Iscove Lab - The Science
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M.D., Ph.D., University of Toronto
Princess Margaret Cancer Research Tower
101 College Street, Room 8-356
Toronto, ON M5G 1L7 CANADA
Phone: (416) 581-7460
Lab Phone: (416) 581-7462, 581-7464
iscove ,,at,, uhnresearch.ca
Self-renewal in normal and leukemic blood stem cells
Sustained ability to self-renew is the signature capacity of stem cells. In adult tissues that contain actively dividing cells, such as the epithelial layers of the gut or skin, or the blood forming system, the stem cells maintain themselves indefinitely, in contrast to the greatly more numerous differentiating progeny that have only finite lifespans. The continuous maintenance of such tissues therefore depends critically on the self-renewal activity of the stem cells. Malignant tumours have also been shown in recent years to be organized in a similar way, depending on rare tumour stem cells for the continued persistence and growth of the tumour.
Research in our lab is focused on core mechanisms of self-renewal in precursor cells of the mammalian blood-forming system:
A key finding in the lab was the discovery of a distinction between stem cells with permanent blood cell forming capacity - called Long Term Stem Cells - and more advanced stem cells - called Intermediate Term Stem Cells - that in the mouse provide massive numbers of blood cells for only 3 months, after which they stop self-renewing (5). Within this model system, we have been investigating what sustains self-renewal in the Long Term cells, and why initially active self-renewal eventually shuts down in Intermediate Term cells.
Our work in this system led to the discovery of a role for the Gata3 transcription factor, expressed in Long Term but not Intermediate Term cells, which turned out to downregulate self-renewal in response to stress signalling from the p38 MAPK pathway (3).
Recent experiments have also highlighted a central role of the clustered Homeobox genes. These turn out to be essential for self-renewal activity at successive stages of differentiation downstream of the Long Term stem cells. We have secured evidence that the eventual loss of self-renewal activity in downstream cells occurs as a direct result of the natural silencing of Hox gene expression in these cells, and can be prevented by enforcing the expression of a Hox transgene (1). The Hox transgene endows lineage-restricted cells with stem cell-like properties of indefinite proliferative capacity and serial transplantability without affecting their lineage restriction or ability to supply mature blood cells in vivo.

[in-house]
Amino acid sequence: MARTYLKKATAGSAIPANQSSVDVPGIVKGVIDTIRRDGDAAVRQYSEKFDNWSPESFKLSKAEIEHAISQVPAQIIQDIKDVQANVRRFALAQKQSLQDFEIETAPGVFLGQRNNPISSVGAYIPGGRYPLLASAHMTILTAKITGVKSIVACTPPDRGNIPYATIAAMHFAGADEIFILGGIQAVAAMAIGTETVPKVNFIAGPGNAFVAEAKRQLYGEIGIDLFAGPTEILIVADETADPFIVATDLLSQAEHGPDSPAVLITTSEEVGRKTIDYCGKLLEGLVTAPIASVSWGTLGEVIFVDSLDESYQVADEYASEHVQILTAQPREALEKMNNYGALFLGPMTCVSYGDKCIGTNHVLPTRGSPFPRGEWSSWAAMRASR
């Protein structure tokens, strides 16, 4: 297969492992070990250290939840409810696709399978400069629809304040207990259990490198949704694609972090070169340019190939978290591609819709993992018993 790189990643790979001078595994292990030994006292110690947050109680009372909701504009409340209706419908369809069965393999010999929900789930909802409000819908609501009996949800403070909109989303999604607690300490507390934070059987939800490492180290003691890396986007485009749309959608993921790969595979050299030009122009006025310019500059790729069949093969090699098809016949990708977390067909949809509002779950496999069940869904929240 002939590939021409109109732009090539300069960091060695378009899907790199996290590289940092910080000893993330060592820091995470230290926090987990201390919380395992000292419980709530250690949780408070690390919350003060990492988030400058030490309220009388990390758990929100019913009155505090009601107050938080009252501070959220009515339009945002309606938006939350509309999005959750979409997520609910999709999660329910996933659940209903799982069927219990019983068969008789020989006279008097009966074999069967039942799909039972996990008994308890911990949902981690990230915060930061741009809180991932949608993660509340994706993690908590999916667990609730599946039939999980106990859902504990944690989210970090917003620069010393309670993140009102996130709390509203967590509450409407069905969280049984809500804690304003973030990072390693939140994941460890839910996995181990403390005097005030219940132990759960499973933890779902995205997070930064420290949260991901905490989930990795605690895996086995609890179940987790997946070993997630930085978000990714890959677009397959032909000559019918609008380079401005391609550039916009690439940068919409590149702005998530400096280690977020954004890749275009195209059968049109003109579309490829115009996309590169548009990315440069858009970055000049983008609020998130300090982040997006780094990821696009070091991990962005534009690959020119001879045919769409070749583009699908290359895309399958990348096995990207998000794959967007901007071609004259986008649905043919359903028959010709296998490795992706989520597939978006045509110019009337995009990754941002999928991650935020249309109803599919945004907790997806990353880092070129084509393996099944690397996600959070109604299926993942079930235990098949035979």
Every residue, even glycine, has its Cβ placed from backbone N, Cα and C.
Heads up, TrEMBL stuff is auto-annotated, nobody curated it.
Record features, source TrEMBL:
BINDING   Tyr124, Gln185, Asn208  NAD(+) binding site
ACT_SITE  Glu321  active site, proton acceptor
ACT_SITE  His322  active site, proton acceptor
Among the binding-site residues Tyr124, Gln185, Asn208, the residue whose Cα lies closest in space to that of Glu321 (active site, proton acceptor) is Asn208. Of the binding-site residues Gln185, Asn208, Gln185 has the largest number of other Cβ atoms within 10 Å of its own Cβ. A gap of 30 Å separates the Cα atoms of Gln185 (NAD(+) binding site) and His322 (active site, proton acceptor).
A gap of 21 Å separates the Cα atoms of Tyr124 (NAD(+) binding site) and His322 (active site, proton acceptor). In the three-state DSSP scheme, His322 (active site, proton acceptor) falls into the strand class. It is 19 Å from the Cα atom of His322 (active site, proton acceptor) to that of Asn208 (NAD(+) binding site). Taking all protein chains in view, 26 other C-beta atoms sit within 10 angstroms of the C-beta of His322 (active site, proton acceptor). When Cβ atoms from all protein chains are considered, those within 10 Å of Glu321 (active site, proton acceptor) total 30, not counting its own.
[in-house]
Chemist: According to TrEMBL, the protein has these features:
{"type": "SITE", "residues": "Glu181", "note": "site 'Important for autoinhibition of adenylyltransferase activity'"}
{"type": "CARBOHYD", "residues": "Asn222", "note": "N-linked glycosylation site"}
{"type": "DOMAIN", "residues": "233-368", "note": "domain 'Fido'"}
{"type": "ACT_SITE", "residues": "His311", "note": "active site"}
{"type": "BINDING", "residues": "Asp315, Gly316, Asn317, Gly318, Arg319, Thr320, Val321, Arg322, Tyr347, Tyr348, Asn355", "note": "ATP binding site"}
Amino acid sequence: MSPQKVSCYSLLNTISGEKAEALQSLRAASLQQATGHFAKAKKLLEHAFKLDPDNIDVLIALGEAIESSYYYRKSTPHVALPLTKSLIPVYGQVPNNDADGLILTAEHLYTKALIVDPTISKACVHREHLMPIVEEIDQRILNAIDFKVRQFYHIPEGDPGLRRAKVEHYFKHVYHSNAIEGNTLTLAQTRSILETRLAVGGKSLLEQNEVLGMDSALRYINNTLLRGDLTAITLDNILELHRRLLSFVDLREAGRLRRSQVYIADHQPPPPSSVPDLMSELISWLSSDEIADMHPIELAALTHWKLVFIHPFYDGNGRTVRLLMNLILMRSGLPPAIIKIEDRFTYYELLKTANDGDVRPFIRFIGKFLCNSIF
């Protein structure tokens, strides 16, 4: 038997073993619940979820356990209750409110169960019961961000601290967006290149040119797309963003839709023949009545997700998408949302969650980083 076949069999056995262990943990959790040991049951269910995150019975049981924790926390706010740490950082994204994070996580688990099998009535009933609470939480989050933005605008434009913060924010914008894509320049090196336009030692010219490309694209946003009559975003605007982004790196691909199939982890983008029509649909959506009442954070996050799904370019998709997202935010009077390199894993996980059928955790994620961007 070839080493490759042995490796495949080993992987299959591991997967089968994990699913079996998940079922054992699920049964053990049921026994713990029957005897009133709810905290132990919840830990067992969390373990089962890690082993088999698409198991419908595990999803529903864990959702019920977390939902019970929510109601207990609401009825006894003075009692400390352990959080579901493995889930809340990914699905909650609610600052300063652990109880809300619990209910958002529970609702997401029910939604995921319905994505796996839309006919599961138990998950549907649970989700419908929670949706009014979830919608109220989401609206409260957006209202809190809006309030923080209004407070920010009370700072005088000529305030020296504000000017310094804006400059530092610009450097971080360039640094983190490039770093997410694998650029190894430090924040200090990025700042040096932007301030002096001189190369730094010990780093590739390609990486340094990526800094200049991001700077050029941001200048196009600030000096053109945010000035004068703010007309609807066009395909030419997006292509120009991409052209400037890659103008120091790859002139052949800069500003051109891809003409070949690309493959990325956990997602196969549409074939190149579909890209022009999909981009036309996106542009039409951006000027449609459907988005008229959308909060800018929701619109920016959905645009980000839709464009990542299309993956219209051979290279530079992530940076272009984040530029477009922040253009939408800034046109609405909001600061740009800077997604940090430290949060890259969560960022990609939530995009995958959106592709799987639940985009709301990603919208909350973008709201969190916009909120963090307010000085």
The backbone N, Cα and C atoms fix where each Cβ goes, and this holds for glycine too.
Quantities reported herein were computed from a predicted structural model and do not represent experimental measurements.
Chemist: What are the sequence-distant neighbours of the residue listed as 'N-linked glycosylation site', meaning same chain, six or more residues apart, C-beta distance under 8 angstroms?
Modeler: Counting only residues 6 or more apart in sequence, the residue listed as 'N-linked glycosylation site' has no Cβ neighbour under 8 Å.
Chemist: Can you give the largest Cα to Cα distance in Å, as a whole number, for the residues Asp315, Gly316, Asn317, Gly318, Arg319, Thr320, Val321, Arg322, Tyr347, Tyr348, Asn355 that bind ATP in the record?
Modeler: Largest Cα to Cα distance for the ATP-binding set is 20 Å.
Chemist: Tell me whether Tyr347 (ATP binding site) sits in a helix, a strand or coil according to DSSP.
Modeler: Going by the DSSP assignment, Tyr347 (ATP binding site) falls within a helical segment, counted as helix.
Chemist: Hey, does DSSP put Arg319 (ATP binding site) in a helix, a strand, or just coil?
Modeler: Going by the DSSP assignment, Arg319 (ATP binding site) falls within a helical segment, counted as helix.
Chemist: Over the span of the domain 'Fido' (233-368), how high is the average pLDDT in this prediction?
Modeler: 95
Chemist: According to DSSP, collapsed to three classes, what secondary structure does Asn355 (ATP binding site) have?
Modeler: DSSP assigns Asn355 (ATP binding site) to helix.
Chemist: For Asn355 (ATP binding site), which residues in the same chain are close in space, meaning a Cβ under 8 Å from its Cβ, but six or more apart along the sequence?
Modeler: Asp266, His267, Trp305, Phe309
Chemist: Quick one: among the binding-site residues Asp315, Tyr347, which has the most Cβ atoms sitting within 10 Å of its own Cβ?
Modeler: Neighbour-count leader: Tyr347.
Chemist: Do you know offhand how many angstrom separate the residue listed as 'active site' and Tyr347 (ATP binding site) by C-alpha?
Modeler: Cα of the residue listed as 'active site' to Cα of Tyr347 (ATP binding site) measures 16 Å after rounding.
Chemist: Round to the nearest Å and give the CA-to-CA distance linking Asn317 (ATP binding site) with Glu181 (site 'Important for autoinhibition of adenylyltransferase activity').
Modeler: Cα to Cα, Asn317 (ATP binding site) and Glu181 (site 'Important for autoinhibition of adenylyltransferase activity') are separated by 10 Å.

An exciting projection of these findings concerns the beginnings of
leukemia. Currently ongoing work tests the notion that leukemia begins with a first mutation in a marrow precursor cell that extends its lifespan, that the persistence of growing leukemia cells depends on the same first mutation, and that disrupting the first mutation could provide a pathway to leukemia cure.
The lab has an ongoing interest in development of tools needed for the investigation of rare stem cells. We pioneered investigation of gene expression at single cell level via global RT-PCR amplification (4,6,8), a methodology that is currently under further development in the lab to allow for direct analysis of amplified product by RNAseq. We have identified strategies for purification of blood stem cells to absolute homogeneity (3,5,7). The leukemia work is supported by gene transduction approaches allowing for excision of the transgene at any later time. We are also advancing toward an ability to maintain and expand adult blood forming stem cells in culture in response to developmentally important ligands (2), work that is intended to facilitate eventual gene repair and human bone marrow transplantation.
Overall, our research program addresses self-renewal, a central mechanism in normal and cancer systems. The longer term aim is to facilitate development of therapeutic approaches with curative potential in human leukemia via direct targeting of the self-renewal process.
Key publications from the lab are listed
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